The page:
The appellant testified that the $2,500 he paid over to the vendors was in the nature of a loan to his brother to be repaid by the latter at six per cent. interest. There was, however, no written agreement with respect to this alleged arrangement and no payments on account had been made by the brother. The appellant stated that he was 'acting for [his] brother' when he signed the agreement of sale, when he attended the closing, made the alterations and received the rents. Thomas F. Thompson was not called to corroborate appellant's statements. Appellant does not explain why he executed the collateral bond and mortgage, nor does he
[ 171 Pa. Super. Page 53]
explain why he paid his brother for work on a property which the brother is supposed to own.
With testimony such as that before it, it was certainly proper for the court below to infer that the appellant had some beneficial interest in 2121 North 18th Street. Further, it was proper for the court to consider appellant's apparent interest in the property in connection with its determination of his ability to pay. In considering the sufficient ability of the husband to pay, not only the actual amount shown to have been received, but also the attendant circumstances, must be considered. Com. v. Elliott, 157 Pa. Super. 619, 43 A.2d 630; Com. ex rel. Slocum v. Slocum, 161 Pa. Super. 473, 555 A.2d 565.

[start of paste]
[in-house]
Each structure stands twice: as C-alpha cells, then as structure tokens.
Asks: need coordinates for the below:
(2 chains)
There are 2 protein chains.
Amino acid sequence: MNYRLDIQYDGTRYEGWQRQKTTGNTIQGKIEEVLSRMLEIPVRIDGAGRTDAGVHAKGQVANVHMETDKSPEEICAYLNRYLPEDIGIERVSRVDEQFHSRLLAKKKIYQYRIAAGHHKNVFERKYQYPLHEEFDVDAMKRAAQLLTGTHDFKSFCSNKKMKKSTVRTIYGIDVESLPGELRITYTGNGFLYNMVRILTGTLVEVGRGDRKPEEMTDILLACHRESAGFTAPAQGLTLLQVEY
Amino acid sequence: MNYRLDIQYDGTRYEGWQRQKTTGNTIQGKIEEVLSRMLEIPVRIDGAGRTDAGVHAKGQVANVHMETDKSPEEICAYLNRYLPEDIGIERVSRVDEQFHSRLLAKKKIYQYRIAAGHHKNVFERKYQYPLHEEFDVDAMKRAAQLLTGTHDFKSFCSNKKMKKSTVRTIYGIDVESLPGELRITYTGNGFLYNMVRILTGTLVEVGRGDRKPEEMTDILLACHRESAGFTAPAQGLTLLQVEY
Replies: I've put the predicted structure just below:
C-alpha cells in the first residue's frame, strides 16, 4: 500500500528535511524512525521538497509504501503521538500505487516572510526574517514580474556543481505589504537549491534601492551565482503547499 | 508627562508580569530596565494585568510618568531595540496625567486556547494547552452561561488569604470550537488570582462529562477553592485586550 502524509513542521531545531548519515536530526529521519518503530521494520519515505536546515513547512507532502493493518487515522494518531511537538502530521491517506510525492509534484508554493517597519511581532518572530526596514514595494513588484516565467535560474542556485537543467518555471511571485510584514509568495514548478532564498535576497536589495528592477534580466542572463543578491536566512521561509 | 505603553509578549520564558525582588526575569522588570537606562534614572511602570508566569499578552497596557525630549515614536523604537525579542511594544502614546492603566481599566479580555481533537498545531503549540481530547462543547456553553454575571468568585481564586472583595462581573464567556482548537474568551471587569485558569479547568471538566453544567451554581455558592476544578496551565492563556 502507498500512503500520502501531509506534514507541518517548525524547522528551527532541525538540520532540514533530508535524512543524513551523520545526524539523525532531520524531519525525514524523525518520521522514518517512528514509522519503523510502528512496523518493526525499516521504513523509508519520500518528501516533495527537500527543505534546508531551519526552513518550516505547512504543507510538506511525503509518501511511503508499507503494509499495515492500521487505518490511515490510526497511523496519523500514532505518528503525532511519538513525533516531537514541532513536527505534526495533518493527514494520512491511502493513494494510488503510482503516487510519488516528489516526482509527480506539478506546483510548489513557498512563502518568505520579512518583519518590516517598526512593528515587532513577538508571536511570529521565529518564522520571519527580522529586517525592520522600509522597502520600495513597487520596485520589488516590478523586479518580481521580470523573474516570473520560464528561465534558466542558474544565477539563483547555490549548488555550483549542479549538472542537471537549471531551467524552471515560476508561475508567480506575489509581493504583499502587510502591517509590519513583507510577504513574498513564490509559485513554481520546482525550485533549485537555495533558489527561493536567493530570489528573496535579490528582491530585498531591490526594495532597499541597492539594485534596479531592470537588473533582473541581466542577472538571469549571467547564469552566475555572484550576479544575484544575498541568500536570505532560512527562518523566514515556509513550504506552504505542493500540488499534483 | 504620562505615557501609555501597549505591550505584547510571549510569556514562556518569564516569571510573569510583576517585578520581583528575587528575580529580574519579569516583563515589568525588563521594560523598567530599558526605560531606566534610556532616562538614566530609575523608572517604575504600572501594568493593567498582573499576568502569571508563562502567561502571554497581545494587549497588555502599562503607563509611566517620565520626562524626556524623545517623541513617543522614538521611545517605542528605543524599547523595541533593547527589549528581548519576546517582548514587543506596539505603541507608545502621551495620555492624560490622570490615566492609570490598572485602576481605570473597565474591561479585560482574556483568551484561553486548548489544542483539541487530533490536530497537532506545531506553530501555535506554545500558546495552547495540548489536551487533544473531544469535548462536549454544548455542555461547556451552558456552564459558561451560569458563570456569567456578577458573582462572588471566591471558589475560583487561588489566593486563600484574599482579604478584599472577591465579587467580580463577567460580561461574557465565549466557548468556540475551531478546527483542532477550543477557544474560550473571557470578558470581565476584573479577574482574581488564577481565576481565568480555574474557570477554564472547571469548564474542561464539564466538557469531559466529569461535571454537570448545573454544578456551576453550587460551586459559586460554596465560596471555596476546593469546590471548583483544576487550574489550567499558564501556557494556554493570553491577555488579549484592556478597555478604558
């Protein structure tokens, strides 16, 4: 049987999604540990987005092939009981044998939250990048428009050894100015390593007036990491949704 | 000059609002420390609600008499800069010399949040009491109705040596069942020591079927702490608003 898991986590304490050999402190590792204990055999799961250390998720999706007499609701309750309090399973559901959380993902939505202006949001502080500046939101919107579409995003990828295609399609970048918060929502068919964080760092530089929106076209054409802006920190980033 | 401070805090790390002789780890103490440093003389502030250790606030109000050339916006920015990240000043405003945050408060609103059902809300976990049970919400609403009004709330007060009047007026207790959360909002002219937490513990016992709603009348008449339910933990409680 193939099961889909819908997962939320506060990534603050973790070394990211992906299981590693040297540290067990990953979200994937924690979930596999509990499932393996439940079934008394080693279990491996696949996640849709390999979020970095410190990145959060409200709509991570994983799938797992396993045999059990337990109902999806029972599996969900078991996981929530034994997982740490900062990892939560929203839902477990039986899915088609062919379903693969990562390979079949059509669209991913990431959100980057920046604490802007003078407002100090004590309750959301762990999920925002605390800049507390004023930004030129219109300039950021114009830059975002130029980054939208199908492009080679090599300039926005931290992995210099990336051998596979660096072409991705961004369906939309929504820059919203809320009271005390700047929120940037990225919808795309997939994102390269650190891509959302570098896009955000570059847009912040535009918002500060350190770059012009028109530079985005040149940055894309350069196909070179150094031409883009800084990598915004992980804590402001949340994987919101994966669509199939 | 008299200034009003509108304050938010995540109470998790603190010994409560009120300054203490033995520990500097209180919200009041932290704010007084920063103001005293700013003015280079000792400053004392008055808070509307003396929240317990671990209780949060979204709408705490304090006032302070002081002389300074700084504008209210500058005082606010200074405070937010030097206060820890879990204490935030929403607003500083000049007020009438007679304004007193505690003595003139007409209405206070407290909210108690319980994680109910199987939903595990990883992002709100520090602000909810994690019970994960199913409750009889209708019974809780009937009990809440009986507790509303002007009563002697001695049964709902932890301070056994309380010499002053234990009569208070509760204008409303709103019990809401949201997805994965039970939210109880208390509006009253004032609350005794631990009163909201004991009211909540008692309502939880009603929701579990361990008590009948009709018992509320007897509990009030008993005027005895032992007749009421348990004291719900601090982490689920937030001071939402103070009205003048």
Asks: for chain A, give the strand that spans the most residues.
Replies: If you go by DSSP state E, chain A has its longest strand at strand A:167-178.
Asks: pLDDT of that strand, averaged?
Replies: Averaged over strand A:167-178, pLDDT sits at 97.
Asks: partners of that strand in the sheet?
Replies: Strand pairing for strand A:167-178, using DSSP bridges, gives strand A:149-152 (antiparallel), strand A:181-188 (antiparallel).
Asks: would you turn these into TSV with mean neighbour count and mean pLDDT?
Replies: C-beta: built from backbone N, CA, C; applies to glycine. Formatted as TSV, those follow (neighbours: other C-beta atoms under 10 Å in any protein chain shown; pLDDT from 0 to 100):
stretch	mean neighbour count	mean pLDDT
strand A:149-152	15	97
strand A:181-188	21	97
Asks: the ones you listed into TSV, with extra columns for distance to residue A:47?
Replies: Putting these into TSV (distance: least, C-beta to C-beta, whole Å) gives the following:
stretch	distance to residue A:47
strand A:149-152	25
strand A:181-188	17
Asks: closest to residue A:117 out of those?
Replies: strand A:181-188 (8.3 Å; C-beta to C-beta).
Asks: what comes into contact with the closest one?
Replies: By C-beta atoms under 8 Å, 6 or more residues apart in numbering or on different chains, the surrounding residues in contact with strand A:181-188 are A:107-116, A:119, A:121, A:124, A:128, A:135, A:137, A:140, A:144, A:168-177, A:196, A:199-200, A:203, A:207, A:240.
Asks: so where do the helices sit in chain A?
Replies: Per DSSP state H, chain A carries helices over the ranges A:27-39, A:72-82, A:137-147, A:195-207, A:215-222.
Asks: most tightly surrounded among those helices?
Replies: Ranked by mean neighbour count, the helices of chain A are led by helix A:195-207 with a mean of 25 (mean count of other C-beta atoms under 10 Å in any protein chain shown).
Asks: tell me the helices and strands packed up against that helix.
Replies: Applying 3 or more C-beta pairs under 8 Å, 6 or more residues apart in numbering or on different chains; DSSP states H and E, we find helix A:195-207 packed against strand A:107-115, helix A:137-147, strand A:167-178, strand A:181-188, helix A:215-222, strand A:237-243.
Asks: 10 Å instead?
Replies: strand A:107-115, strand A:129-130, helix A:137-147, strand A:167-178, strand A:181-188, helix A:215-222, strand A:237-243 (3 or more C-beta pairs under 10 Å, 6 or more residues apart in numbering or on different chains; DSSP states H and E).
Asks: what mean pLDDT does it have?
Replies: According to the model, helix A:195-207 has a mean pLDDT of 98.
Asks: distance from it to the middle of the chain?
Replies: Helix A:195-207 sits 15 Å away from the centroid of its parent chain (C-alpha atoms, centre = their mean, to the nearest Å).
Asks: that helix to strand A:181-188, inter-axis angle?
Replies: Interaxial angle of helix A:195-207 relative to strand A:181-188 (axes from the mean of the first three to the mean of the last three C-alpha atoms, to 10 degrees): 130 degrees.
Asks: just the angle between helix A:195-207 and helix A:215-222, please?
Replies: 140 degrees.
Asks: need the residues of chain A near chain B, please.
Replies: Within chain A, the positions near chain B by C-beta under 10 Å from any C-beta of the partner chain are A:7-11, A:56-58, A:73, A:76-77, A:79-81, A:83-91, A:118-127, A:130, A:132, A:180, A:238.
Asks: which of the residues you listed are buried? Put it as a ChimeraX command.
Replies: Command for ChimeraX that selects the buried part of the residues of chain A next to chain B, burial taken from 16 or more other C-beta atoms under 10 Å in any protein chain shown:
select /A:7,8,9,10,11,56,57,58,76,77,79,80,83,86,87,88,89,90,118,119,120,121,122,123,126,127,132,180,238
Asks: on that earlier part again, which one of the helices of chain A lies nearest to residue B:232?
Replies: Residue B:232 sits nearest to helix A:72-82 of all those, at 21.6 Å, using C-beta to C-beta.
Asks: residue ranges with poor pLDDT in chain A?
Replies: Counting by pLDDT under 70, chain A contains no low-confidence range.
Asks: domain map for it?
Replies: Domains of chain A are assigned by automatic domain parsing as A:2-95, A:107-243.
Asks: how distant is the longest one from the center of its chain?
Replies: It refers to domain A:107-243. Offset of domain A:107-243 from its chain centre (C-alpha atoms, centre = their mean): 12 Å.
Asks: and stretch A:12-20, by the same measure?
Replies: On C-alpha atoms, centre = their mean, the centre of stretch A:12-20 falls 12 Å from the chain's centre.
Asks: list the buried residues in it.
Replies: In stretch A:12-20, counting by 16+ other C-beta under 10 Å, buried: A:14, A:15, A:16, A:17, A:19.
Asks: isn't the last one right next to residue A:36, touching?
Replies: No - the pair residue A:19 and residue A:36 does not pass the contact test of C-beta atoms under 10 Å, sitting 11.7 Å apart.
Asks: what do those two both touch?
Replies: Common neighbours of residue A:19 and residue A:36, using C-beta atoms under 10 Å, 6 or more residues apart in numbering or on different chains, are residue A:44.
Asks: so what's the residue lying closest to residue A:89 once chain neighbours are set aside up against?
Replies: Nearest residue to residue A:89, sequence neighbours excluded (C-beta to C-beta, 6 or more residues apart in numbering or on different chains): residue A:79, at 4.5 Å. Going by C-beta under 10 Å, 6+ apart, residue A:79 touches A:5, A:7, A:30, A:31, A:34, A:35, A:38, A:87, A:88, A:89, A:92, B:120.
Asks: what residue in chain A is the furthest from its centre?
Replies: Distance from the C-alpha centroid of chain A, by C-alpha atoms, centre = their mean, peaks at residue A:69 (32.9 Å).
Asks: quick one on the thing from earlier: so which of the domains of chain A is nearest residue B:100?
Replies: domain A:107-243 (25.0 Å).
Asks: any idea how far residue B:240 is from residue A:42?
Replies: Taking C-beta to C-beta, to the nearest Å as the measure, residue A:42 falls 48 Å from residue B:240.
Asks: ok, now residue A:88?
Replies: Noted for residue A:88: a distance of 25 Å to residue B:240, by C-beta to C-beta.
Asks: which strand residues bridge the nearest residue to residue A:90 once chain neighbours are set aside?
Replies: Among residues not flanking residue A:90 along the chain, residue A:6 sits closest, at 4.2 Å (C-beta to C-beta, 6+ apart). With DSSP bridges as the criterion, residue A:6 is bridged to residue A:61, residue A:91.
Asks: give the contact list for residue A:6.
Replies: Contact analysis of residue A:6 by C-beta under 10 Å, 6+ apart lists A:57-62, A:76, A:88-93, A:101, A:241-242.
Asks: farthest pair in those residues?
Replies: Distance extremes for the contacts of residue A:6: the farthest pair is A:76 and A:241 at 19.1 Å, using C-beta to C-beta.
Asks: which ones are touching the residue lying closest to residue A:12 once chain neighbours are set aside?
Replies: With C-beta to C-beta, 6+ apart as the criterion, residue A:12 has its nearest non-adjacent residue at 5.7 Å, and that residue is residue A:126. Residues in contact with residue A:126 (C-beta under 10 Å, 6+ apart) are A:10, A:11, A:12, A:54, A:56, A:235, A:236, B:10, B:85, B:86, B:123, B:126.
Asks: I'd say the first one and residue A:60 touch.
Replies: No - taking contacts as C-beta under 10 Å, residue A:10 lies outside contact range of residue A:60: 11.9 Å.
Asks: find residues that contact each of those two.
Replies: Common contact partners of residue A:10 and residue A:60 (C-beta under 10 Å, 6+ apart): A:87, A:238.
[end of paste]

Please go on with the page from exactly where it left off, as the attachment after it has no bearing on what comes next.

In Com. ex rel. Bush v. Bush, 170 Pa. Super. 382, 86 A.2d 62, relied upon by the appellant, the order directed the defendant to pay $225 monthly for the support of two children. The defendant had remarried and lived with his second wife and her three children in a home owned by him. Defendant's total earnings were $655 a month after taxes and pension contributions. His expenses were $178 a month, leaving a balance of $477 monthly for the discharge of debts totaling $10,900 and his other obligations, including any support order. We reduced the order from $225 to $180 a month stating, inter alia: 'The amount of an order must be fair and not confiscatory. The purpose is support and welfare of the children, and not punishment of the father ; and the order should be justified by the earning ability of the defendant making reasonable allowance for his own living expenses.'